GRIER, ROSE JANE ELIZABETH, educator and author; b. 10 Feb. 1832 in Carrying Place, Upper Canada, eldest daughter of John Grier and Eliza Lilias Geddes; d. unmarried 28 Oct. 1920 in Toronto.
When she was nine years old, Rose Jane Elizabeth Grier moved with her family to Belleville, where her father, an Anglican clergyman, assumed charge of St Thomas Church. Like many other Upper Canadian girls, she received most, if not all, of her education at home. She demonstrated an interest in music at an early age and later served as organist and choir mistress at St Thomas, where, according to a contemporary, “she is said to have introduced, with her father’s approval, ‘Hymns Ancient and Modern’ to choir and congregation.”
Devotion and duty to God and her family were the governing forces in Grier’s life. Two events were to have a profound effect on her. In 1856 she became engaged to Joseph Hutton, son of William Hutton* of Belleville and a promising young lawyer. In January the following year, two weeks before their intended wedding, Joseph died. Some years later she went to London, England, to care for her sister Sarah Hannah Roberta Coome [Grier*], who had been invalided after a fall. While in England Grier became interested in the Sisters of St Mary, an Anglican order in Wantage, and she was preparing to enter the noviciate in 1871 when she was summoned to her father’s deathbed.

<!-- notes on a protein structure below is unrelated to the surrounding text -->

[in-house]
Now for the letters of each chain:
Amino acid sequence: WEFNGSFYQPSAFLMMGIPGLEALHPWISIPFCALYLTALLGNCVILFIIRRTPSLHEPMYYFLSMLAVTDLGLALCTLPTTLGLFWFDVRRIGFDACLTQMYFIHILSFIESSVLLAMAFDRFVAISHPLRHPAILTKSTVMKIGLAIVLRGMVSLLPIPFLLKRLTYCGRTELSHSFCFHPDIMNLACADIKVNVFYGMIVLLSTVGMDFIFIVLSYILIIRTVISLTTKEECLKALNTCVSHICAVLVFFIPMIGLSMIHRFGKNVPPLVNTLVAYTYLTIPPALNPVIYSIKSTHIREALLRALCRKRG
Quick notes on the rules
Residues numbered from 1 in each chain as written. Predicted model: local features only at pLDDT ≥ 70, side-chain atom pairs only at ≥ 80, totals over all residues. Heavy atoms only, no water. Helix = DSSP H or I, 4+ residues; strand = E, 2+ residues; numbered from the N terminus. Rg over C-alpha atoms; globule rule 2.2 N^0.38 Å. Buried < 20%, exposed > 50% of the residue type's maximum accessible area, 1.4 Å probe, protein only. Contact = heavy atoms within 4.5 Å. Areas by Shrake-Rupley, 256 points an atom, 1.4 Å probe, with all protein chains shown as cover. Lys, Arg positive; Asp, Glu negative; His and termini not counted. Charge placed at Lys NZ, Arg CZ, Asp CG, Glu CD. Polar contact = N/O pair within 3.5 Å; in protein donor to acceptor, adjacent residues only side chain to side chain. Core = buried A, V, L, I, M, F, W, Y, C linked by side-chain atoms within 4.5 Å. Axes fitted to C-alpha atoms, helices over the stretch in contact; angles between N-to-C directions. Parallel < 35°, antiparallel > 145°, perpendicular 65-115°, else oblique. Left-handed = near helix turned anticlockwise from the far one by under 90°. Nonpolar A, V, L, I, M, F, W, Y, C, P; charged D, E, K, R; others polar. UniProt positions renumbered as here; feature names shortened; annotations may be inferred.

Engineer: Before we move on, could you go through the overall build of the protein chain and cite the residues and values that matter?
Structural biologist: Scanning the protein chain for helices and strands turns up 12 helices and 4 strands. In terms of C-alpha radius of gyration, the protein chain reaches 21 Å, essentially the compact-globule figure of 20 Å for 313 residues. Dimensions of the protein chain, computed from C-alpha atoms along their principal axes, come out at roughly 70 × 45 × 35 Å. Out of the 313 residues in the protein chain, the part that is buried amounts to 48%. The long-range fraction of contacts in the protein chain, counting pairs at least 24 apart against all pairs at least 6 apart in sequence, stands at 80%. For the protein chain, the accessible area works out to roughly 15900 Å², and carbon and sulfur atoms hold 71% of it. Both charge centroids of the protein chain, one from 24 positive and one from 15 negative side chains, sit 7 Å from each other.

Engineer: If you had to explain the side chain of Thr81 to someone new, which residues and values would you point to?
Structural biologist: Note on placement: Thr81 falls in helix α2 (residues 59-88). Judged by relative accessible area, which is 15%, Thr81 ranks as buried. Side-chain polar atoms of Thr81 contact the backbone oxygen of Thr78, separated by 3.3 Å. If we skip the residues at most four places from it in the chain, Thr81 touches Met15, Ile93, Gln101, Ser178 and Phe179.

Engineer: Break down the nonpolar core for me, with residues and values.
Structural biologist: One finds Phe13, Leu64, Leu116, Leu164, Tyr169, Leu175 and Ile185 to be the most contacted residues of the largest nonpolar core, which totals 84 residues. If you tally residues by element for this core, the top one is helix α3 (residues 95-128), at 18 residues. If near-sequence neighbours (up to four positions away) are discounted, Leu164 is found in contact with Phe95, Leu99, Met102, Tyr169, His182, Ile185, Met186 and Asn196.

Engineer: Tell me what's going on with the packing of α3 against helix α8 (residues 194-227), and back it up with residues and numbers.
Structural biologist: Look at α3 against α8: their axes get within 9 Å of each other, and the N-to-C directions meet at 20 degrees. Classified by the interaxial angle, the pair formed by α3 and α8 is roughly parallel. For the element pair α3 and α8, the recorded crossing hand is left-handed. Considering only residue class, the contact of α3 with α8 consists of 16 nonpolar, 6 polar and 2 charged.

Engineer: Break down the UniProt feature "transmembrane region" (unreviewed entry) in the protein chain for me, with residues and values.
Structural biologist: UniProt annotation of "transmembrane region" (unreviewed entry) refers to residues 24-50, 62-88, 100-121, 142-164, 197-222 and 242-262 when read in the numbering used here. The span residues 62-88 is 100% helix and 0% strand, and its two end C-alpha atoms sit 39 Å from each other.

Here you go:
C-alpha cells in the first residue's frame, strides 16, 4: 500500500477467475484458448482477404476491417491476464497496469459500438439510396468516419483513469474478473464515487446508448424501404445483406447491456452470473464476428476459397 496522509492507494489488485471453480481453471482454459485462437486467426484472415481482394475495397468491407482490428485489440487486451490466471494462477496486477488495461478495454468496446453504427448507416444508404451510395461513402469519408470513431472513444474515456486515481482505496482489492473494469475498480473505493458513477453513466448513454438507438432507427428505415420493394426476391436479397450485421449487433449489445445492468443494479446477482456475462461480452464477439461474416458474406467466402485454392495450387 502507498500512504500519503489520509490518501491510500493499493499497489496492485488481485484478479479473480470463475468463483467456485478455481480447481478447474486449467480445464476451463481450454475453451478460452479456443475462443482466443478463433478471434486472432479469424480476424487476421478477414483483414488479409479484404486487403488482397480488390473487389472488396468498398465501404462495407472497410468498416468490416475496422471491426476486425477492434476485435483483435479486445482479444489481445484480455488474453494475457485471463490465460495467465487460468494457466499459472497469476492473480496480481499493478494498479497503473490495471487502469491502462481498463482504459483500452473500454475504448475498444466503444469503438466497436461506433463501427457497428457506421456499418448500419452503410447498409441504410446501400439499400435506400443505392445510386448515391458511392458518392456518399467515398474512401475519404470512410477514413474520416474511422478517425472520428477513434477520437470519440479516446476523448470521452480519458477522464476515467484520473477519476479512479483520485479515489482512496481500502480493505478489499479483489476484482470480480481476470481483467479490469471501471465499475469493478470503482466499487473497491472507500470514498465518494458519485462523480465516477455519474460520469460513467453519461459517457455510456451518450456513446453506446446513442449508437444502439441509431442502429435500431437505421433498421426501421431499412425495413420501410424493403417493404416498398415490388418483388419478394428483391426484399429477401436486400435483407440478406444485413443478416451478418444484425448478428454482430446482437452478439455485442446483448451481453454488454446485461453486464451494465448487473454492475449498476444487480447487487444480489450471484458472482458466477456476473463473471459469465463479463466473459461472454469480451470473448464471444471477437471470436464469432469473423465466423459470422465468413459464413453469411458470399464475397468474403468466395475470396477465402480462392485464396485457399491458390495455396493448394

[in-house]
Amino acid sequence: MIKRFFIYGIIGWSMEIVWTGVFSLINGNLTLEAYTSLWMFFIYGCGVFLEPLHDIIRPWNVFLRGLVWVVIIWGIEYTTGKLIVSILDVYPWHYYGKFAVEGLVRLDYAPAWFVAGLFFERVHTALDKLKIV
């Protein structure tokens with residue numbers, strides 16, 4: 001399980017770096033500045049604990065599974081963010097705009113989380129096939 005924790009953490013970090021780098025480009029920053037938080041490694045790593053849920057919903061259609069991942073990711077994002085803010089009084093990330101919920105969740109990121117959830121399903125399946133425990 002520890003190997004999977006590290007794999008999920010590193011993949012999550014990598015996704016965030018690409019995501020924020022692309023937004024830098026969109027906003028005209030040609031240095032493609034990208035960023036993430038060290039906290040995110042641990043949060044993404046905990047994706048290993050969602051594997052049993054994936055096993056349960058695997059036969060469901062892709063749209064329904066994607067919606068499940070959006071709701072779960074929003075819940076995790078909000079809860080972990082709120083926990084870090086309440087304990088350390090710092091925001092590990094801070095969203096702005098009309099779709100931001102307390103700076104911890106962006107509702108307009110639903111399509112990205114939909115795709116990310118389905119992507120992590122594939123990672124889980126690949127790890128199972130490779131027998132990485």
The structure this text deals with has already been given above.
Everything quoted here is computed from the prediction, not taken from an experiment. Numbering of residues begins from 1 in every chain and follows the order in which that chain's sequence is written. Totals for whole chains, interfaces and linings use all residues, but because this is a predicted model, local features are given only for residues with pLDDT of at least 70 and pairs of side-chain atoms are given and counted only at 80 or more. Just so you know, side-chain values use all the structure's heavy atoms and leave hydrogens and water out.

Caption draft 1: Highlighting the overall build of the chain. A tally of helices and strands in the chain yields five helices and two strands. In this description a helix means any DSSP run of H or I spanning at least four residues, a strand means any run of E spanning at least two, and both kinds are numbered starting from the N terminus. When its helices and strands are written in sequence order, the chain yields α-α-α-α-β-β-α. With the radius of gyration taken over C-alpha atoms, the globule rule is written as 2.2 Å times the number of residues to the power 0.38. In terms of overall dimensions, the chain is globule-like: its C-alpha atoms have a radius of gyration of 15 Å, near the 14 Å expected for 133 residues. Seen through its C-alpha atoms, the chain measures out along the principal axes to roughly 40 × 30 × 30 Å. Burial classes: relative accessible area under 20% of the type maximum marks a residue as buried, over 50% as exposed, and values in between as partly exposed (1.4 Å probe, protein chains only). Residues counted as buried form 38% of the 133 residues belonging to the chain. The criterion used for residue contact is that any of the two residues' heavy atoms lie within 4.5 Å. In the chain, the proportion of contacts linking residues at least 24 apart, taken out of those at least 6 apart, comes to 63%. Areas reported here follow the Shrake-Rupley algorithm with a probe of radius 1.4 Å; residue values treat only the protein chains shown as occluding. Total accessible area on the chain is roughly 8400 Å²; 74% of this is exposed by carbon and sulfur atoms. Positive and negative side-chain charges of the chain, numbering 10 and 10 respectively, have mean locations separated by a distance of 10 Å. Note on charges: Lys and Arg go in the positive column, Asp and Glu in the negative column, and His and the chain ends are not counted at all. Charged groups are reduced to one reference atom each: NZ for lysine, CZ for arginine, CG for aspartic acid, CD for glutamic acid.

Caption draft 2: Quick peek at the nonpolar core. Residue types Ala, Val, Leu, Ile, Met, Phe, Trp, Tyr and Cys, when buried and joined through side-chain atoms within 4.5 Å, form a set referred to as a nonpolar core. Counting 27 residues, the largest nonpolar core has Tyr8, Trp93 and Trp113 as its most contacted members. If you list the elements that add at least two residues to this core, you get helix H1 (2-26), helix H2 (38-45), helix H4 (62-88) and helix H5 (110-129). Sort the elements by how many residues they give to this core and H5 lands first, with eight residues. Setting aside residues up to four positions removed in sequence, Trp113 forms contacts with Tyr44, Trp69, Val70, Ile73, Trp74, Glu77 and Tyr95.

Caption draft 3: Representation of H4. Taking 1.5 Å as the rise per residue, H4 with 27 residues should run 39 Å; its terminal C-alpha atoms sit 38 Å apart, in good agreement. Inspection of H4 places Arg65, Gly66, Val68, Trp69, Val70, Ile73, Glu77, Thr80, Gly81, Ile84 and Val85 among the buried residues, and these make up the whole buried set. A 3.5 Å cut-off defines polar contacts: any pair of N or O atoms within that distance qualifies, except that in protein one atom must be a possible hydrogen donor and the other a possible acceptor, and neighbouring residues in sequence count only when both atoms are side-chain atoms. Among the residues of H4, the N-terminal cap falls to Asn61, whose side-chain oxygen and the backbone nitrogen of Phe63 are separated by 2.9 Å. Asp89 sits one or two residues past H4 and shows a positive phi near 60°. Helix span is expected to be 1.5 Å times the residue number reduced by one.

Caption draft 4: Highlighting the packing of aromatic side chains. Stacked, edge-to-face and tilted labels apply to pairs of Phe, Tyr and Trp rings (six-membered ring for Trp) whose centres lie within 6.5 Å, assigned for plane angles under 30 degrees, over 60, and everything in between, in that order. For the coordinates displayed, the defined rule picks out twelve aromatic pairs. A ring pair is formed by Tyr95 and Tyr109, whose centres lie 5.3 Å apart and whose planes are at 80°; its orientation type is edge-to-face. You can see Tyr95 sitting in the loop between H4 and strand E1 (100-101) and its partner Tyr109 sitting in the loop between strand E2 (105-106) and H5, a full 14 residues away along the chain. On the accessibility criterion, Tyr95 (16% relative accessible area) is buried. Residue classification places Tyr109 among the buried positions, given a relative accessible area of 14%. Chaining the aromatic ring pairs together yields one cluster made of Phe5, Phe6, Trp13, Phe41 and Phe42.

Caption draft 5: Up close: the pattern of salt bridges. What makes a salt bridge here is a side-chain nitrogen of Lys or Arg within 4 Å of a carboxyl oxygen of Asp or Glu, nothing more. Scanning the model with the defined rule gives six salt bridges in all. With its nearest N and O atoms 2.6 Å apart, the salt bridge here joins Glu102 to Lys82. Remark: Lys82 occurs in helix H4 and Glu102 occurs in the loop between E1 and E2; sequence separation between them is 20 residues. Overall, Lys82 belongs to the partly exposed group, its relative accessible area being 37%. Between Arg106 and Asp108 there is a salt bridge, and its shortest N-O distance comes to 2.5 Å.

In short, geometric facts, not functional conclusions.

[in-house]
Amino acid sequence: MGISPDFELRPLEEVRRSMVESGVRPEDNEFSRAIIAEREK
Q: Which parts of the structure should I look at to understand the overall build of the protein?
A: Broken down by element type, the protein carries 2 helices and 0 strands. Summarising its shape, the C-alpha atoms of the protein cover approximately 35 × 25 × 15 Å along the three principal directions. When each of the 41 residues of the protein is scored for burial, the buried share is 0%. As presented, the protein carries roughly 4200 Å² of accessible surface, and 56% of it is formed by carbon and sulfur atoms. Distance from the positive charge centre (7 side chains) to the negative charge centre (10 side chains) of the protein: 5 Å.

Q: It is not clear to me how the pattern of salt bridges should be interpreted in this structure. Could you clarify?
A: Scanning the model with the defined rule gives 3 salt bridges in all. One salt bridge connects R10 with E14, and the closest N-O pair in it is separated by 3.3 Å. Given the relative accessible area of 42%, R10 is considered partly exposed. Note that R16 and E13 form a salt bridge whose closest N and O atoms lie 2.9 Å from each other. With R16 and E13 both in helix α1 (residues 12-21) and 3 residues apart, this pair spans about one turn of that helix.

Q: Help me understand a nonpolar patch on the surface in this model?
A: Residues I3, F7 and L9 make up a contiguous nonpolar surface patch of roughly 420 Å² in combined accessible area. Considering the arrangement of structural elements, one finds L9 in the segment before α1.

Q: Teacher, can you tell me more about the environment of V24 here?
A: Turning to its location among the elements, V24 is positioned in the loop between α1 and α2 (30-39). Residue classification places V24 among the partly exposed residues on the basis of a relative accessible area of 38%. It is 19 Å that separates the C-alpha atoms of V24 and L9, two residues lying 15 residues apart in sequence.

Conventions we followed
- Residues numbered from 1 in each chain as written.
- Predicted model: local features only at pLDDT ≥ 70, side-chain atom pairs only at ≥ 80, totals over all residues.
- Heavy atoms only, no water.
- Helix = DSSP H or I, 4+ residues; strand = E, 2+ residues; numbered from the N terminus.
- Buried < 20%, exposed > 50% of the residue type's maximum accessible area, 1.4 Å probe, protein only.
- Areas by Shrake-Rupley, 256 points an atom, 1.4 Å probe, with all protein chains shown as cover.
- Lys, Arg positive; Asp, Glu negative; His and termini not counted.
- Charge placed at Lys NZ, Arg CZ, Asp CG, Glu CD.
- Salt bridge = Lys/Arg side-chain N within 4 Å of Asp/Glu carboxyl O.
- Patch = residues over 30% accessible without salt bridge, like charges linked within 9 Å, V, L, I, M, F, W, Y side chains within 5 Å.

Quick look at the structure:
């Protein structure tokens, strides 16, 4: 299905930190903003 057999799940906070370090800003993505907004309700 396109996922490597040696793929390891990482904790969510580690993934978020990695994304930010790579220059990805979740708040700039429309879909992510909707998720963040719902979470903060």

On 29 June five years later Grier was offered the position of lady principal of Bishop Strachan School in Toronto. Founded in 1867 by a group of clergy and lay people led by the Reverend John Langtry, the school was one of the first ventures by the Church of England in Canada into the realm of female education. It was intended for the “instruction of young ladies in the various secular branches of a liberal education, and also the inculcation of the Christian doctrine, as contained in the Bible and the Book of Common Prayer.” Prior to Grier’s arrival, BSS had been plagued with problems, including a lack of financial support and decreasing enrolment. A committee appointed that year to “consider . . . the reorganization of the School and . . . the appointment of a Principal” had initially looked for a clergyman to head the institution. When the committee was unable to find one willing or able to take the post, it was offered to Grier at a salary of “not less than $500 for the first year” and “a certain share” of any profits. The committee’s report noted that although she had had no experience in such a position, she had been active in church work. “She has had considerable experience in the management of a household, in which it appears she excels, and she is now engaged in teaching a small select school, and in giving lessons in music to several private pupils.”